bottom, so the arm rotates the cartons
180 deg during the transfer, so that they
are placed in the carrier with the zipper
tops on the bottom and the open carton
bottoms facing upward.
According to Bill Yeaman, president of
Yeaman Machine Technologies, handling
cartons with the zipper attached is what
separates this operation from standard
cartoning operations. “We had a lot of
trials and challenges before we finalized the
system to properly seal the cartons,” he says.
The box must have side gussets so that
the film headers will take shape properly
when the carton is erected. To erect
properly, the plastic headers have to be
partially folded in the same direction as
they enter the lug chain, so the cartons
travel past an upward sloping steel plate
that pushes them all backward as they
enter the chain.
Fingers on the two sides of the chain
then come together to squeeze open the
carton. Next, hot-melt glue is applied to
the two ends of the plastic header, after
which lugs rise and fold the plastic up
onto the two end panels of the carton.
The next difficulty was that the folded
plastic end flaps would pull loose before
the glue set. To solve this, Yeaman installed
metal brackets that slide down on each
side of the carton to hold the end flaps in
place. They rise to allow the cartons to be
transferred to the filling section.
Yeaman is designing a different style
carton erector that uses a horizontal ram to
form the carton and Hartness Intl. Inc.,
which is a sister company to Zip-Pak, is also
working on a proprietary carton erector for
use with the Zipbox.
The formed cartons make a rightangle transfer into the carrier chain that
transports them through the filler. The
sugar is filled by an auger filler from
All-Fill Inc. The filler uses a race-track
arrangement of 10 funnels that travel above
the cartons during the filling process. In
this operation, the cartons are upside down
and are filled through their bottoms.
After filling, the cartons are transported
through the sealing zone of the cartoner.
During Packaging Digest’s visit, T.H.E.M.
was gluing the sift-proof bottoms with
hot-melt glue. The gluing system can be
replaced with a heat-sealing system if the
customer prefers that bottom.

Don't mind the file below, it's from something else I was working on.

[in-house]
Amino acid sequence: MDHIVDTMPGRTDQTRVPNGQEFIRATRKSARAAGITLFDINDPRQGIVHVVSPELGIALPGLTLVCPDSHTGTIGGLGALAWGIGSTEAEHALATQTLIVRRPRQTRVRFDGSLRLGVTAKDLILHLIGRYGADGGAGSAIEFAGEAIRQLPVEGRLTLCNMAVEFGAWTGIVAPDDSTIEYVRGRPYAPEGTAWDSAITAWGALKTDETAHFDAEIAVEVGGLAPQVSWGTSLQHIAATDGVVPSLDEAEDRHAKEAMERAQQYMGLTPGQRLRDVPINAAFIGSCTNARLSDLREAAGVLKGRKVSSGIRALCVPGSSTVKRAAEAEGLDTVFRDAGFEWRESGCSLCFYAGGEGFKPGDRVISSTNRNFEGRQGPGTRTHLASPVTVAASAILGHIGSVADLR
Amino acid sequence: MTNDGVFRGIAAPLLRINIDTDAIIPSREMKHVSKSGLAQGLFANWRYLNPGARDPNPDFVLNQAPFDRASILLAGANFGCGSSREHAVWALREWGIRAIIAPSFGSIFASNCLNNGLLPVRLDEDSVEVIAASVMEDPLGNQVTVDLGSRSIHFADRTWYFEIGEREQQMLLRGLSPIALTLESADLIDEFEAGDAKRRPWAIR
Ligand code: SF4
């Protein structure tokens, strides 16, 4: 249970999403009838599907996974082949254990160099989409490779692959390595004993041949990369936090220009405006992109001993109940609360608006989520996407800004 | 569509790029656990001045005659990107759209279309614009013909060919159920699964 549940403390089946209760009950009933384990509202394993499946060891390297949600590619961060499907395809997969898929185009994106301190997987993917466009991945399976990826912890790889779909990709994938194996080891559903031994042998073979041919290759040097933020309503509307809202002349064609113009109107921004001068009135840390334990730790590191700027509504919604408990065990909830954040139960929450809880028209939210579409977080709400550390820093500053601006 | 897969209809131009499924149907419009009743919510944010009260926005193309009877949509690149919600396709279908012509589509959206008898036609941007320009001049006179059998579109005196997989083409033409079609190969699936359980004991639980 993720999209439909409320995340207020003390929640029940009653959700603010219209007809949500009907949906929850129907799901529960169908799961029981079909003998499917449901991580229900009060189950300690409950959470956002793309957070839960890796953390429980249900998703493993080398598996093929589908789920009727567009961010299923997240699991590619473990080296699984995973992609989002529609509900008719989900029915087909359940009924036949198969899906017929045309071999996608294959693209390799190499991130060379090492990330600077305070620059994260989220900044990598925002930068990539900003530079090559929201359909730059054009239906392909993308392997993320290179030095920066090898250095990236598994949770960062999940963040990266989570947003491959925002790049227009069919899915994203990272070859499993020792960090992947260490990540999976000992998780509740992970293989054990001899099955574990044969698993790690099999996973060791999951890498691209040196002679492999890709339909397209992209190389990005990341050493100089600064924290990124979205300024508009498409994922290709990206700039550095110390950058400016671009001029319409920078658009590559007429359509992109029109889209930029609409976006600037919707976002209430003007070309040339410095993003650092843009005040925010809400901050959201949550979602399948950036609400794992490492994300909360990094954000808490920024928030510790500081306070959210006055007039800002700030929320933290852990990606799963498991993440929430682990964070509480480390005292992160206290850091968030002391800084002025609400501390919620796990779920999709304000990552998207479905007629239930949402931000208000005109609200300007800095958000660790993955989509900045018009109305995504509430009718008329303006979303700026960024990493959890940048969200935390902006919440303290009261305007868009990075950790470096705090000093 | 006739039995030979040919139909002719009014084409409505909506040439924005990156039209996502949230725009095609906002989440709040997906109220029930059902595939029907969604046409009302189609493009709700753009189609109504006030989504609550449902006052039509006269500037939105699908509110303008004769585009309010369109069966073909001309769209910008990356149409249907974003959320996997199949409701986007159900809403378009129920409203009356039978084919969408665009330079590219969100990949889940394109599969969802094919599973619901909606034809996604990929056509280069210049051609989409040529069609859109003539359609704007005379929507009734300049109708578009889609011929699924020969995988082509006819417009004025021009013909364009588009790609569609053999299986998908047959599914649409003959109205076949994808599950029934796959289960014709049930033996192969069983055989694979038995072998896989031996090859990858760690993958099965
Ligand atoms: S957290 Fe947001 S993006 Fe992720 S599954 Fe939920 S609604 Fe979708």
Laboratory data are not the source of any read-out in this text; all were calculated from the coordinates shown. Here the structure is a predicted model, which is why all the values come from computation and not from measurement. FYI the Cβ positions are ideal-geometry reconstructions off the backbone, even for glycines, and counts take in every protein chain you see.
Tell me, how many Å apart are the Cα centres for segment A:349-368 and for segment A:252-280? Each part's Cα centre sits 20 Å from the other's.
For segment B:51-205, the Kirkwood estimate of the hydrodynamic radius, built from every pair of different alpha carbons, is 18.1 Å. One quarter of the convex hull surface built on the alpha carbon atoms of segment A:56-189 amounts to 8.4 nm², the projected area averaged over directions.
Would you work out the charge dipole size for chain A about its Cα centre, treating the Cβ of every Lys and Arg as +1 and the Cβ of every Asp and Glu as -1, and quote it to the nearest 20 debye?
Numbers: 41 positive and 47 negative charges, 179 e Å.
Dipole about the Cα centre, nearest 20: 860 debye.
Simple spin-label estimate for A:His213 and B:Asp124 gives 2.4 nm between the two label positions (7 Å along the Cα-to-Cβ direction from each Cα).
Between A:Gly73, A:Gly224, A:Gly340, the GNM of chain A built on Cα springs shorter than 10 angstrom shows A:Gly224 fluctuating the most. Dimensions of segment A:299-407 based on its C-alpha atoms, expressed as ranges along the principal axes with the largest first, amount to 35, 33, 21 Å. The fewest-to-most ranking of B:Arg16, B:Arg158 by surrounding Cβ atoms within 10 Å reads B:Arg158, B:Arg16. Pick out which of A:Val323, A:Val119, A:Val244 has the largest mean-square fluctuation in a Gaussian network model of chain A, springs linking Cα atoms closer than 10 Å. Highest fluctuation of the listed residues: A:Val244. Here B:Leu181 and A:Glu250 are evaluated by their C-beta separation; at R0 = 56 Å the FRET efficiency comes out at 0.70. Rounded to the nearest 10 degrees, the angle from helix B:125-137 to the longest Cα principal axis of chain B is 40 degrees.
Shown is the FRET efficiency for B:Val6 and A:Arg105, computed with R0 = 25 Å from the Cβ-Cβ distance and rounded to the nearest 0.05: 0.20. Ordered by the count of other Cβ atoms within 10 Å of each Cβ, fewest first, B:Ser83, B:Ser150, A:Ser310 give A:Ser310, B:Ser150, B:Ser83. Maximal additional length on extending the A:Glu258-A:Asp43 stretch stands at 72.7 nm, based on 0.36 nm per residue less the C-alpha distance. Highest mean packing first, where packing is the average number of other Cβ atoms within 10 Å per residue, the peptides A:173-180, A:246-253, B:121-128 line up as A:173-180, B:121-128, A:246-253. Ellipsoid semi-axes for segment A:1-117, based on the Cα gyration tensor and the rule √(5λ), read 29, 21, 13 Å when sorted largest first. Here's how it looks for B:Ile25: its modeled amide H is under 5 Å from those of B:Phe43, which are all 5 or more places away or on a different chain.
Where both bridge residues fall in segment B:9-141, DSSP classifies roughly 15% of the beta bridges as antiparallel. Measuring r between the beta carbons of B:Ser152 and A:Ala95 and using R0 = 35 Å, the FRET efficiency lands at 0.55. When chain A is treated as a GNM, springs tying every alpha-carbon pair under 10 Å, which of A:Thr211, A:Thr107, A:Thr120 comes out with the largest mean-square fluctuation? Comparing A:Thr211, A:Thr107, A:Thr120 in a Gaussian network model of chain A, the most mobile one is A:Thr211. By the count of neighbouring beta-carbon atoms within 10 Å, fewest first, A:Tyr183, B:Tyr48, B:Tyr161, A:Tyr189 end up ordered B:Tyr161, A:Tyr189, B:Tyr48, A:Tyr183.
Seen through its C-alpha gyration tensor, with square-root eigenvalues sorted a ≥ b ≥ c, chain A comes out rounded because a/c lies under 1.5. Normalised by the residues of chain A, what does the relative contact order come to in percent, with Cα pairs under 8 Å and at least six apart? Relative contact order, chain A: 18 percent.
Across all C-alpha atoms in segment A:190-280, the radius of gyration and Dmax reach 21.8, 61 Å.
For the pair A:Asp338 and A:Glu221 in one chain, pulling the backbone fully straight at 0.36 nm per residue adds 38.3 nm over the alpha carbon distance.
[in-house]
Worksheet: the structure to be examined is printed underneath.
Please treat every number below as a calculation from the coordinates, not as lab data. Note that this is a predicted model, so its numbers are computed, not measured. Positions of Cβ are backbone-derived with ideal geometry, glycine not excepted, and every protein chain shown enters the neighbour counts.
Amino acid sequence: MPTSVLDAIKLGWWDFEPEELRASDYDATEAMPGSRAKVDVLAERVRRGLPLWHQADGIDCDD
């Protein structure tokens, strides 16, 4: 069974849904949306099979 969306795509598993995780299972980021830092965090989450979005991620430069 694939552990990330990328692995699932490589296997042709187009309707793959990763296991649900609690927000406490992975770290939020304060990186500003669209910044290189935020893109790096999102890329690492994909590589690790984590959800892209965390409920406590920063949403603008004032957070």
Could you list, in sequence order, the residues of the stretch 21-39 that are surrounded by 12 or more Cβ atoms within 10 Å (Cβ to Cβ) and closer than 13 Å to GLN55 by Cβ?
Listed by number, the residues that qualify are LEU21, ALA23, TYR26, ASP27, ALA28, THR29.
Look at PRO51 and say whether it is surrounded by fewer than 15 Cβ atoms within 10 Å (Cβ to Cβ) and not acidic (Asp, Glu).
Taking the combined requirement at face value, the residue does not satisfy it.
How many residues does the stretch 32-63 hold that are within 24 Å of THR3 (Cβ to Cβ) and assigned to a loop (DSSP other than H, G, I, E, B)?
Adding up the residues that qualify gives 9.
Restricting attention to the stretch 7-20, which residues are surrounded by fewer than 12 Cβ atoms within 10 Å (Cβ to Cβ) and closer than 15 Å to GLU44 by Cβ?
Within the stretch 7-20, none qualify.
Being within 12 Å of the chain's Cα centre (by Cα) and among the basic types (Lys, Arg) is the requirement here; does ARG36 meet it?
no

The entire ZipBox production line
is being moved to the Power Packaging
contract packaging plant in Batavia, IL in
January 2012. Production for U.S Sugar
and future production of other products
will be done there. Power Packaging, an
Exel company, is the nation’s largest contract
manufacturer of consumer packaged goods.
According to Jim Ellis, senior director of
sales and marketing, Power Packaging has
partnered with T.H.E.M. on projects for
years and was involved from the beginning
with the Zipbox project. Ellis says, “Zipbox
is an exciting first-to-world innovation
that solves unmet consumer needs, meets
CPG manufacturer and retailer green
initiatives, and provides a unique branding
opportunity for multi-serve products.
“Generally, new packages resonate with
some groups and not with others. Zipbox
is highly intuitive and tested equally well
across all demographics in focus groups.
CPGs and retailers are no different—
everyone is interested in Zipbox.”
0 More information is available:
All-Fill Inc., 610-524-7350.
www.all-fill.com
Curwood Inc., 920-527-7300.
www.curwood.com
Hartness Intl. Inc., 800-845-8791.
www.hartness.com
Malnove Inc., 402-330-1100.
www.malnove.com
Power Packaging, 630-377-3838.
www.exel.com/exel/pp_home.jsp
T.H.E.M., 800-322-8436.
www.them.net; www.zipbox.net
Yeaman Machine Technologies,
847-758-0500.
www.yeamanmachine.net
Zip-Pak, Div. of Illinois Tool Works Inc.,
773-715-3121. www.zippak.com
Zip-Pak Systems, 770-921-1777.
www.zippak.com
Reprinted with permission from PACKAGING DIGEST, January 2012. On the web at www.packagingdigest.com.
© A UBM Canon Publication. All rights reserved. Foster Printing Service: 866-879-9144, www.marketingreprints.com.